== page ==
Aromatic L-Amino Acid Decarboxylase Deficiency

In: GeneReviews® [Internet]. Seattle (WA): University of Washington, Seattle; 1993.


Clinical characteristics: Individuals with aromatic L-amino acid decarboxylase (AADC) deficiency typically have complex symptoms, including motor, behavioral, cognitive, and autonomic findings. Symptom onset is in early infancy, typically within the first six months of life. The most common initial symptoms are often nonspecific, and include feeding difficulties, hypotonia, and developmental delay. More specific symptoms include oculogyric crises (which occur in the vast majority of affected individuals, typically starting in infancy), movement disorders (especially dystonia), and autonomic dysfunction (excessive sweating, temperature instability, ptosis, nasal congestion, hypoglycemic episodes). Sleep disturbance is present in a majority of affected individuals and can include insomnia, hypersomnia, or both. Mood disturbance, including irritability and anxiety, are also common. Brain MRI is typically either normal or may demonstrate nonspecific abnormalities, such as mild diffuse cerebral atrophy or delayed myelination. Seizures are an uncommon finding, occurring in fewer than 5% of affected individuals.

Diagnosis/testing: The diagnosis of AADC deficiency is established in a proband who has the following core diagnostic testing results: biallelic pathogenic variants in DDC identified by molecular genetic testing OR cerebrospinal fluid (CSF) or plasma neurotransmitter profile consistent with AADC deficiency AND significantly reduced AADC enzyme activity in plasma.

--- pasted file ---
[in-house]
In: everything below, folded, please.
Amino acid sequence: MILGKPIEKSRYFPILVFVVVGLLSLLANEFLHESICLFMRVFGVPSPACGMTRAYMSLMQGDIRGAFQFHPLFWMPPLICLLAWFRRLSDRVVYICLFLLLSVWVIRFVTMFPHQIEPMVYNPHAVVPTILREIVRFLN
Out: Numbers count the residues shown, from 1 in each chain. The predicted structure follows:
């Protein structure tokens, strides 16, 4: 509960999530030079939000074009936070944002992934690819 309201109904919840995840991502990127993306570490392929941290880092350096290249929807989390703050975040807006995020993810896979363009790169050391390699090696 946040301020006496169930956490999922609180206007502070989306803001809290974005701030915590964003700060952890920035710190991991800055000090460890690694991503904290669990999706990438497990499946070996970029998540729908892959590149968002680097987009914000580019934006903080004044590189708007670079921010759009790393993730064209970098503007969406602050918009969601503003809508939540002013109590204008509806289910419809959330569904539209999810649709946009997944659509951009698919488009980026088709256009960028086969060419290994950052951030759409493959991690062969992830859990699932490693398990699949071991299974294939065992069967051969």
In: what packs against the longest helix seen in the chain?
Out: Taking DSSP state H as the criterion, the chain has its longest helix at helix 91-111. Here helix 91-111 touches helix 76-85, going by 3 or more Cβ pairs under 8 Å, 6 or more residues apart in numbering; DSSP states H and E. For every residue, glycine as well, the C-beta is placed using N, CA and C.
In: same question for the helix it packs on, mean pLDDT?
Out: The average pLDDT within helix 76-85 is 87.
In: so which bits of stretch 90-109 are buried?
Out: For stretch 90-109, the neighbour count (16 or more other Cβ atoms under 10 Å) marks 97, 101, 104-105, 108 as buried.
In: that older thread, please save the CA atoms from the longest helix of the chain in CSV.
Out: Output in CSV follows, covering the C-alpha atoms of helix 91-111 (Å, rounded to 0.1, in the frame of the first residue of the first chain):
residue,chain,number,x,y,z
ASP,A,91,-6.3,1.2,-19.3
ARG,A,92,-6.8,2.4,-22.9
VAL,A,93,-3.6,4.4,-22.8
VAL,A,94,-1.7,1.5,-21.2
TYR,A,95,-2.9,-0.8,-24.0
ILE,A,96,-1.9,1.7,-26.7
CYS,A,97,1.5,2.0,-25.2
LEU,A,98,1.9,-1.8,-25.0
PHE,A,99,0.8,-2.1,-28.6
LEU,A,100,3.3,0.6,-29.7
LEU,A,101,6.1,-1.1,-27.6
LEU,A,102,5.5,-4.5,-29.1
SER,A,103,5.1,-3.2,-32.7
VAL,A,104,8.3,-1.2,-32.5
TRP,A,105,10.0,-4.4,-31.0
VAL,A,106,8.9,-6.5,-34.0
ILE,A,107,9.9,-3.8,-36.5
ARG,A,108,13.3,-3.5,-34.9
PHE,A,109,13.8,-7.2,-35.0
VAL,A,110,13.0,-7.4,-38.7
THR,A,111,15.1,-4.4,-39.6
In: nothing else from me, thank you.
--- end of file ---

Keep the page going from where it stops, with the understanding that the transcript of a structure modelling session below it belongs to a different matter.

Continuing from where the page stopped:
Management: Targeted therapies: Treatments can include the use of dopamine agonists (pramipexole, ropinirole, rotigotine patch, or bromocriptine), MAO inhibitors (selegiline or tranylcypromine), vitamin B6 (pyridoxine, pyridoxal phosphate), folinic acid, and (in rare cases) levodopa in a preparation without carbidopa. Putaminal delivery of eladocagene exuparvovec (Upstaza®) was approved in the European Union and United Kingdom for the treatment of individuals aged 18 months and older with a clinical, molecular, and genetically confirmed diagnosis of AADC deficiency with a severe phenotype (i.e., individuals who cannot sit, stand, or walk); this treatment is not currently FDA approved for use in the United States.

Supportive care: Feeding therapy with consideration of gastrostomy tube placement or jejunal feeding; anticholinergic drugs and/or sleep induction for movement disorders / oculogyric crisis; xylometazoline or oxymetazoline nasal drops for autonomic dysfunction; melatonin or clonidine for sleep disturbance; and standard therapies for epilepsy, developmental delay / intellectual disability, musculoskeletal issues, bowel dysfunction (constipation, diarrhea, or gastroesophageal reflux disease), strabismus, visual impairment, obstructive sleep apnea, hypoglycemia, and hearing loss.